Turns out my methodology was faulty. When thought becomes conscious, the stream doesn't flow. I was focusing more on having the thought than on the thought itself, interrupting its duration. And which thoughts qualified? Opening the fridge and choosing a snack? Organizing the day so that I could get to the gym? Also, thoughts rarely lasted a full minute. Often I'd have a fat flash (I'd see a woman on the street with an impossibly taut tummy and envy it openly), but it was too fleeting to measure. The hit would end before I could start the stopwatch.
I had to refine my strategy. "Get a baseline," Cash says. "How many times a day do you look in the mirror? How often do you have negative thoughts about your weight? Once you have a baseline, you can mindfully decrease it. Start small. If you check your stomach eight times a day, make it six. It won't be difficult. And in a few weeks, you'll notice an emotional lift."
It was far simpler to count than to measure time. I got a clicker and ticked off each instance of appearance checking. I got five days of raw data. On Monday I looked at myself 166 times. Shocking, isn't it? I mentioned the number to friends, and they gasped. The huge total included home mirror visits and catching my reflection in storefront windows, car windows, any chrome or glass surface. I counted everything, even fleeting glimpses if they were long enough for me to judge. The gym is a riot of mirrors. I logged 20 separate instances in an hour and a half of seeing myself sweat.
As Cash predicted, once I had a baseline, decreasing it would be easy. By Friday I'd strapped on the mental blinders, logging only 30 instances, most of them at home. Since I was looking less frequently, I had the foresight to time the incidents. On average each lasted approximately 20 seconds. Since I'd decreased my checking by more than 100, I was gaining over half an hour a day. I kept it up, waiting for the seismic emotional bounce Cash spoke of. It didn't happen right away. But it did come. I was walking my 4-year-old home from school. We passed a huge storefront window by a pharmacy, a place where I usually stopped to check my profile. I averted my eyes from the windows by turning them downward, to Lucy. She'd been nattering about an art project. When she noticed that I was looking at her, she smiled up at me. Her smile was big, bright, blinding (this is one gorgeous kid). Shame surfaced instantly. I'd been passing up that face to degrade myself mentally on the street? Stupid. Thinking I'm fat is one thing. But I'm loath to think I'm stupid. I would not think so little of myself again. I was inspired, motivated. Lifted.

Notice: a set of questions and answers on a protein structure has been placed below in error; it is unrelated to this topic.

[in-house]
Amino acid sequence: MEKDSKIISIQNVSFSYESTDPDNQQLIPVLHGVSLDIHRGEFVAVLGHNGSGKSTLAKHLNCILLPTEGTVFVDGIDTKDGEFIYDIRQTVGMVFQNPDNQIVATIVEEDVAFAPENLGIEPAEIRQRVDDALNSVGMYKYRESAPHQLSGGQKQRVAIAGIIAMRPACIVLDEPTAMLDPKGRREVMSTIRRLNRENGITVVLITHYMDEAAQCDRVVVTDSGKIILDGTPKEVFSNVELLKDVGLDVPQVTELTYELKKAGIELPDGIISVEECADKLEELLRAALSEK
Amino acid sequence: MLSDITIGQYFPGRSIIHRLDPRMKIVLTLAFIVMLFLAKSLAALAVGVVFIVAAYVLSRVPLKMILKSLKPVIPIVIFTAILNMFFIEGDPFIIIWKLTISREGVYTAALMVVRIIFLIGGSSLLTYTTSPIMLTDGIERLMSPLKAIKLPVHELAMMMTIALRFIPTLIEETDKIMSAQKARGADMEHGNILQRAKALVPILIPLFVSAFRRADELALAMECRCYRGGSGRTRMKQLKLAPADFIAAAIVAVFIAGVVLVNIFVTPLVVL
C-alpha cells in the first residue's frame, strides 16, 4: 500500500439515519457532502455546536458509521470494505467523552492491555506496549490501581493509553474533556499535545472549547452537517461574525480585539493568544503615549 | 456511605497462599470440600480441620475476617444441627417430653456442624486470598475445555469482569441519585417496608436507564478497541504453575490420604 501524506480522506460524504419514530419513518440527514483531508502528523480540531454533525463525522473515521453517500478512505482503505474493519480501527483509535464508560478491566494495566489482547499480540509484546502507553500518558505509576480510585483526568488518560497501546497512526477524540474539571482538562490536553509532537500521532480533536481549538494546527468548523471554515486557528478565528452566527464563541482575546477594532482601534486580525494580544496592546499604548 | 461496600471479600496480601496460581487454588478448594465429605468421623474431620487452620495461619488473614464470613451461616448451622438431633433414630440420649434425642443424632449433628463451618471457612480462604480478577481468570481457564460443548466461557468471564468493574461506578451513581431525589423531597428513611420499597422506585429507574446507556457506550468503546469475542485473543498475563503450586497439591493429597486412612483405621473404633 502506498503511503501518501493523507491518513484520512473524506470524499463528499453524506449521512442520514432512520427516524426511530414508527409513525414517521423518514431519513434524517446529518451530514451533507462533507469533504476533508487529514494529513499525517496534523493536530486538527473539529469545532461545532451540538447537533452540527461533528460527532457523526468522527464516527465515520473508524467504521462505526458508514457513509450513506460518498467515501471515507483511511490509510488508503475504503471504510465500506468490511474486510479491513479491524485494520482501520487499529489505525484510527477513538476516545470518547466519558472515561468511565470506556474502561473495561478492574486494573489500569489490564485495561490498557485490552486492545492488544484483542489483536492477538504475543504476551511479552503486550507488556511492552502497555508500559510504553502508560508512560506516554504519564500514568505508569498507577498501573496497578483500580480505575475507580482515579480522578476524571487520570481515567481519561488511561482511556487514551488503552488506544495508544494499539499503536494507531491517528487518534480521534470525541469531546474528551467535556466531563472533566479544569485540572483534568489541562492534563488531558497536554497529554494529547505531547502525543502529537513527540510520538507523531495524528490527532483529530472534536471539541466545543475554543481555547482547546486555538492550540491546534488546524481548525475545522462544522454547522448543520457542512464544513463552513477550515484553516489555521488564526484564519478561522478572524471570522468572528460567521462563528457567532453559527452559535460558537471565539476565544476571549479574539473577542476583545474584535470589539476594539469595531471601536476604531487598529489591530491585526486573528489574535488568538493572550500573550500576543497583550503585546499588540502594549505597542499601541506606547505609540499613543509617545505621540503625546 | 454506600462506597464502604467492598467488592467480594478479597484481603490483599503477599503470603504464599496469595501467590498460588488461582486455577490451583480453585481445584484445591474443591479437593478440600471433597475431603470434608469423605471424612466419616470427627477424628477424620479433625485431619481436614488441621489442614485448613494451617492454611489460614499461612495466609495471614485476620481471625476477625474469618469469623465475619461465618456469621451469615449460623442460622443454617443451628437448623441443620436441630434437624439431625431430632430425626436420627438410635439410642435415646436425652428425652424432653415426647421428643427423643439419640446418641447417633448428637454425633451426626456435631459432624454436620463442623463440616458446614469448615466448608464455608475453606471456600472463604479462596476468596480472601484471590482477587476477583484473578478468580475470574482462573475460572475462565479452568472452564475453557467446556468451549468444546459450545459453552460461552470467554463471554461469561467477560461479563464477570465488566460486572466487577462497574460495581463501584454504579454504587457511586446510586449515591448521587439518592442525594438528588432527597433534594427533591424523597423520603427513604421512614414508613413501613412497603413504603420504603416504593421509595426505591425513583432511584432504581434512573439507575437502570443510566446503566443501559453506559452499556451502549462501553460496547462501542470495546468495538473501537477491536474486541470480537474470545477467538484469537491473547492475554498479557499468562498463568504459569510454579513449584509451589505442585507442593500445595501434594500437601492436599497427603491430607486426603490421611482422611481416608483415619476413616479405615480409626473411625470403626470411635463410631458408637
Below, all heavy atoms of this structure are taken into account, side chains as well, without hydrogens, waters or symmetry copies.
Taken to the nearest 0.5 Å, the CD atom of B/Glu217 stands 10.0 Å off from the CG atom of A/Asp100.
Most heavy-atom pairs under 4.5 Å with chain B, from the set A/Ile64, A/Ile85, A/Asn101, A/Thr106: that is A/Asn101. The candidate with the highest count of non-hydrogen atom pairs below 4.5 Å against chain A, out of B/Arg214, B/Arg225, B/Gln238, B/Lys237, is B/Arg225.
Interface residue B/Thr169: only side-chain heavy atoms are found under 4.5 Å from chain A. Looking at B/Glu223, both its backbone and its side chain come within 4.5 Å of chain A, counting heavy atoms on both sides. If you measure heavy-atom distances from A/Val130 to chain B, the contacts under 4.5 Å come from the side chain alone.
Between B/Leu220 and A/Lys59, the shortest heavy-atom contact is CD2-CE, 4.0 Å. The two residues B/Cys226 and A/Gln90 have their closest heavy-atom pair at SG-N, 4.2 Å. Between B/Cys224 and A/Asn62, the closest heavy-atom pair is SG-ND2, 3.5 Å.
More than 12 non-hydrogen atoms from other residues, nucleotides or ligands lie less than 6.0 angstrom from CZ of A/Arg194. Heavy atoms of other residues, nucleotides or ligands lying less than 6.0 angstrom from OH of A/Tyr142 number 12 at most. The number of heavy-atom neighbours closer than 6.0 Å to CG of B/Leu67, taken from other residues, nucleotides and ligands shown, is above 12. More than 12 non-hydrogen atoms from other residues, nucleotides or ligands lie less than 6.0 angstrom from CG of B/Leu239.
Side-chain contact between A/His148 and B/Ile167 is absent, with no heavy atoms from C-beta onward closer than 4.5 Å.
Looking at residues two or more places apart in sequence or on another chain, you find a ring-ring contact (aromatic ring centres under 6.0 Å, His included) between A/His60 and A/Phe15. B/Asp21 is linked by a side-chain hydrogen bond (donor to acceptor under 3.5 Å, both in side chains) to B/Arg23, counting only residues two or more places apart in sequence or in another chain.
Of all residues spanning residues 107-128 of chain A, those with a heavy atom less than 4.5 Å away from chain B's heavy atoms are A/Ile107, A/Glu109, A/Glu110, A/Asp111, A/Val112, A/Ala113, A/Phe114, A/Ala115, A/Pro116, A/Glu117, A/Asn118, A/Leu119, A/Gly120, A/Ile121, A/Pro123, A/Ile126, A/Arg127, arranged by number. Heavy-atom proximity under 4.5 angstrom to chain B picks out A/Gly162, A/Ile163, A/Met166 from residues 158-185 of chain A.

To amplify my efforts, Cash recommended exercises. No, not crunches. He suggested that:
1. When I do check the mirror, I practice looking at body parts or facial features I like.It's been a month since the experiment began. The temptation to appearance-check has all but lost its luster. I still look a few times a day, but not reflexively. I've been spending a portion of my newly discovered half hour breathing deeply and doing crunches, striving to, as Cash said, "concentrate on accomplishment, master thoughts, and gain perspective." I already know that the happiness of my relationship and family doesn't depend on my having a 26-inch waist. A flat stomach won't make me a better writer. But what of my personal measure of success? Washboard abs are still on the list but dropping, with a bullet. One day soon I'll believe utterly that the size of my belly amounts to nothing more than a hill of beans in the grand scheme of things. A large hill perhaps. But just beans.
2. Or go ahead and look at the belly, but ask myself, What am I doing here? What is the point?
3. A foolproof method is to turn mirrors around or to cover them. That way you have the chance to stop bad behavior and replace it with good. "During the five seconds you would have been checking, do deep diaphragm breathing instead," Cash said.
Overcome your body obsessions: